Dodgers 4, Reds 3: That Was A Lot Of Fun Until It Wasn’t

ryu_2014-05-26I guess you could call me a “professional baseball writer,” in some sense. Or while I suppose that’s not true in a “100 percent, I do literally nothing else” manner, I can say that everything I do for work is related to sports somehow, and I’ve been writing about baseball for about seven years now. I’ve seen a lot of things, and I like to think I have a pretty good ability to process what’s going on and to explain in a coherent, thoughtful manner. Now here’s my internal monologue for, I don’t know, the last hour or so of Hyun-jin Ryu‘s game tonight:

ohmygodohmygodohmygodohmygodohmygodohmygodohmygodohmygod

I’d like to say I was being more eloquent than that. I wasn’t. It was a whole lot of ohmygodisthishappeningITISitreallyisbaseballthebest!, as Ryu attempted to one-up Josh Beckett‘s Sunday no-hitter with a perfect game, the Dodgers’ first since Sandy Koufax in 1965, the first time in baseball history that a team would have had two consecutive no-hitters…. right up until it wasn’t.

After spending more than 30 minutes sitting and watching the Dodgers’ three-run seventh inning, including Justin Turner 16-pitch walk (Alex Cora was not impressed), Erisbel Arruebarrena‘s first extra-base hit, Ryu himself contributing to a run scored when his infield grounder to Zack Cozart was botched, and Carl Crawford‘s two-run double, Ryu came out for the top of the eighth. His first pitch was a ball. His second was a hard-hit ball by Todd Frazier to left field, ending the hopes for a magical night.

And that really should be it. We should just be talking about how wonderful Ryu was, and Turner’s multiple great defensive plays at third base, and not getting caught up whether it was a “perfect game” or a “shutout” or a “one-hitter” or whatever. Not being perfect isn’t the same thing as not being great. Ryu was great. He was so, so great.

Unfortunately, baseball is a fickle beast. With the perfecto dead, along with the Dodger streak of 56 hitters retired in a row dating back to Saturday, things got a lot less fun. Ryu lost it pretty much right away, allowing Ryan Ludwick to single Frazier to third, then Chris Heisey to score Frazier with a sac fly, then Brayan Pena to single for Cincinnati’s third hit.

That brought on Brian Wilson, and, well, we’re really going to have to have a serious talk about Brian Wilson. Wilson struck out Devin Mesoraco. That’s good! But that was about all that was good about Wilson, because after he walked Skip Schumacher to load the bases (!), he allowed Billy Hamilton to double (!!), scoring two to make it 4-3. (This will get lost in the midst of everything else, but it has to be noted that Yasiel Puig made an outstanding play to get the ball into the cutoff man so quickly, all but certainly preventing the tying run from scoring.)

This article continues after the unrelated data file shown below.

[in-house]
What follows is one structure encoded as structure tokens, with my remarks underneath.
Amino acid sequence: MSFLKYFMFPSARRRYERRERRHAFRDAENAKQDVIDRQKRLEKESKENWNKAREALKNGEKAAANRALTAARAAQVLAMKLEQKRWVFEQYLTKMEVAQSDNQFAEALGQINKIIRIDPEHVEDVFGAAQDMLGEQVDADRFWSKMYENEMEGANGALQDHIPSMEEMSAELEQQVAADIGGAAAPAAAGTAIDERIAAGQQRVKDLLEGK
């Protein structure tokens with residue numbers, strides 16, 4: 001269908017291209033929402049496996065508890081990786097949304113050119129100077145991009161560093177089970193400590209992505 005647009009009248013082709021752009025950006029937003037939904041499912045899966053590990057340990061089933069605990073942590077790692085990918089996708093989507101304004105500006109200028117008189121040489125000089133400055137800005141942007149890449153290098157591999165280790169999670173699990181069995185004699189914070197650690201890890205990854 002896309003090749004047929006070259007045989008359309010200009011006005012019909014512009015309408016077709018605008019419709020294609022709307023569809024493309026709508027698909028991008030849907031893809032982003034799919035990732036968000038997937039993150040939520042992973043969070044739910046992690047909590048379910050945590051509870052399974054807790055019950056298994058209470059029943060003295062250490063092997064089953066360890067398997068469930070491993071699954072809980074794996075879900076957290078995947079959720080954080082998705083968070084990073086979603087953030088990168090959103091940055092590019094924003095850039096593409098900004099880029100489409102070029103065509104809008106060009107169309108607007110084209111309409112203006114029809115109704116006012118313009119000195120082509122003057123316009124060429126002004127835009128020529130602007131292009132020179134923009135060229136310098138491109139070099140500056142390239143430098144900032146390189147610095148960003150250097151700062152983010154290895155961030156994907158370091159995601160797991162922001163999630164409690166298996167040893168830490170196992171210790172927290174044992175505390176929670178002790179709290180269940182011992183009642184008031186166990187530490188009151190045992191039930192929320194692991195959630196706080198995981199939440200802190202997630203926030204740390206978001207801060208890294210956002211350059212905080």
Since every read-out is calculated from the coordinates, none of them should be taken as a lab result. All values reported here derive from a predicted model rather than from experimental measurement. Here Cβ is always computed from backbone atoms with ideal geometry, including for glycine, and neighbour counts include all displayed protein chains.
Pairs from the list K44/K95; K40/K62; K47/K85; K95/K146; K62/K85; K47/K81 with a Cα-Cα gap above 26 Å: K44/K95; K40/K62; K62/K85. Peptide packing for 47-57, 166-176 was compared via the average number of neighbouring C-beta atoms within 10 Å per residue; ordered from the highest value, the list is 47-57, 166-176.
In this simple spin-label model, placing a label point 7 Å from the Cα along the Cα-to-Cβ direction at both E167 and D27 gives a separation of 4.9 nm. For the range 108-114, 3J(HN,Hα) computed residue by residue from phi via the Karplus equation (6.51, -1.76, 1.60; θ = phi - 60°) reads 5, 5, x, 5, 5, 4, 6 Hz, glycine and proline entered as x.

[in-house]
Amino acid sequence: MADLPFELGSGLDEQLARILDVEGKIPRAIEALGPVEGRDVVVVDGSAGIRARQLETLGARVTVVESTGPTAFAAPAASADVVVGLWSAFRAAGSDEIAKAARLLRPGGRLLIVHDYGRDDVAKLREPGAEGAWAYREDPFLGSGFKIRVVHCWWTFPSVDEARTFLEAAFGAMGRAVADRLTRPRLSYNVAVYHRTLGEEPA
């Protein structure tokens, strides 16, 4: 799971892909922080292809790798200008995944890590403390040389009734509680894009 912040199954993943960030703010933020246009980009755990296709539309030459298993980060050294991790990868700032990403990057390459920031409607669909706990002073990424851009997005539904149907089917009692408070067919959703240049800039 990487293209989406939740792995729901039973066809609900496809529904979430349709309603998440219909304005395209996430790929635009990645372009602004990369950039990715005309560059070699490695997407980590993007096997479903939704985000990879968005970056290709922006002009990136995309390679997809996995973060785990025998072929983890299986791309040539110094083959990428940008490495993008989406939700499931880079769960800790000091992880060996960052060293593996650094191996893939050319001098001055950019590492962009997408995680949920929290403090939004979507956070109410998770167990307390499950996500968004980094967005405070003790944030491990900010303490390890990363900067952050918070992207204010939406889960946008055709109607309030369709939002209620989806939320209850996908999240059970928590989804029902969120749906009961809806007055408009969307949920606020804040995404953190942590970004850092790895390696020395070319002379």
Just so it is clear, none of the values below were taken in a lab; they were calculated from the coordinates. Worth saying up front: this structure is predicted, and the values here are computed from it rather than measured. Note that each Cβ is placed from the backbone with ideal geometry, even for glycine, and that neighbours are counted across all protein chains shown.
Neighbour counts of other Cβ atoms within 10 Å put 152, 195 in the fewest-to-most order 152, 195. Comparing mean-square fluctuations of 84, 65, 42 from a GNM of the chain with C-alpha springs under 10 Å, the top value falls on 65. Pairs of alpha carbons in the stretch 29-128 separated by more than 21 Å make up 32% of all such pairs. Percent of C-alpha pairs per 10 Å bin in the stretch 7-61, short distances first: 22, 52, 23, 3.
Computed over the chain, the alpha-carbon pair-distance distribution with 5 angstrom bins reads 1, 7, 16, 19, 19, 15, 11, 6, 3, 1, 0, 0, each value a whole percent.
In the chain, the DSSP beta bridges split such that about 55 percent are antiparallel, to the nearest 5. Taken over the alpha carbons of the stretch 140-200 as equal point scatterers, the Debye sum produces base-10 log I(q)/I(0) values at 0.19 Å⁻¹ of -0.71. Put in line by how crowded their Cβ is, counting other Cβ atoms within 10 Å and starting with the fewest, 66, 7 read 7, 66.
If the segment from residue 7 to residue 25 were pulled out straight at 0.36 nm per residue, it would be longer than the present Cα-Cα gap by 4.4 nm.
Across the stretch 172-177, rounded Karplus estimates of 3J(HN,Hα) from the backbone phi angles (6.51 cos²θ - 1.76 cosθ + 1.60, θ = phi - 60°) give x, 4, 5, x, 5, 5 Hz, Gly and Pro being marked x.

Don Mattingly & Rick Honeycutt desperately stalled for time — maybe Wilson shouldn’t be in these situations, guys, or at least if he is, at least have J.P. Howell up with him — before managing to rush Kenley Jansen into the game. Jansen struck out Brandon Phillips in a huge spot, then made it through the ninth inning, though not without some heartburn. Jansen retired the first two, then allowed a Heisey single (he advanced to second on a Drew Butera passed ball) and walked Pena, before getting Mesoraco to fly out to end the game. Let’s not gloss over how nice of a job Jansen did, after being put in a bad situation.

Wilson allowed three of the four men he faced to reach, but thanks to Jansen, not a single run was charged to him. ERA for relievers: the best. (Ryu’s actually went up from 3.00 to 3.10.) Someone asked me on Twitter whether Brandon League should be taking Wilson’s high-leverage innings, and as ludicrous as that sounds… I don’t have a snarky reply to that. Wilson can’t be anywhere near important innings right now. But anyway, that’s a problem for another day. For tonight, Ryu. The best.

It’s all good, though, Cincinnati: you get Zack Greinke tomorrow and Clayton Kershaw the next day. Good luck with that.

About Mike Petriello

Mike Petriello
Mike writes about lots of baseball in lots of places, and right now that place is MLB.com.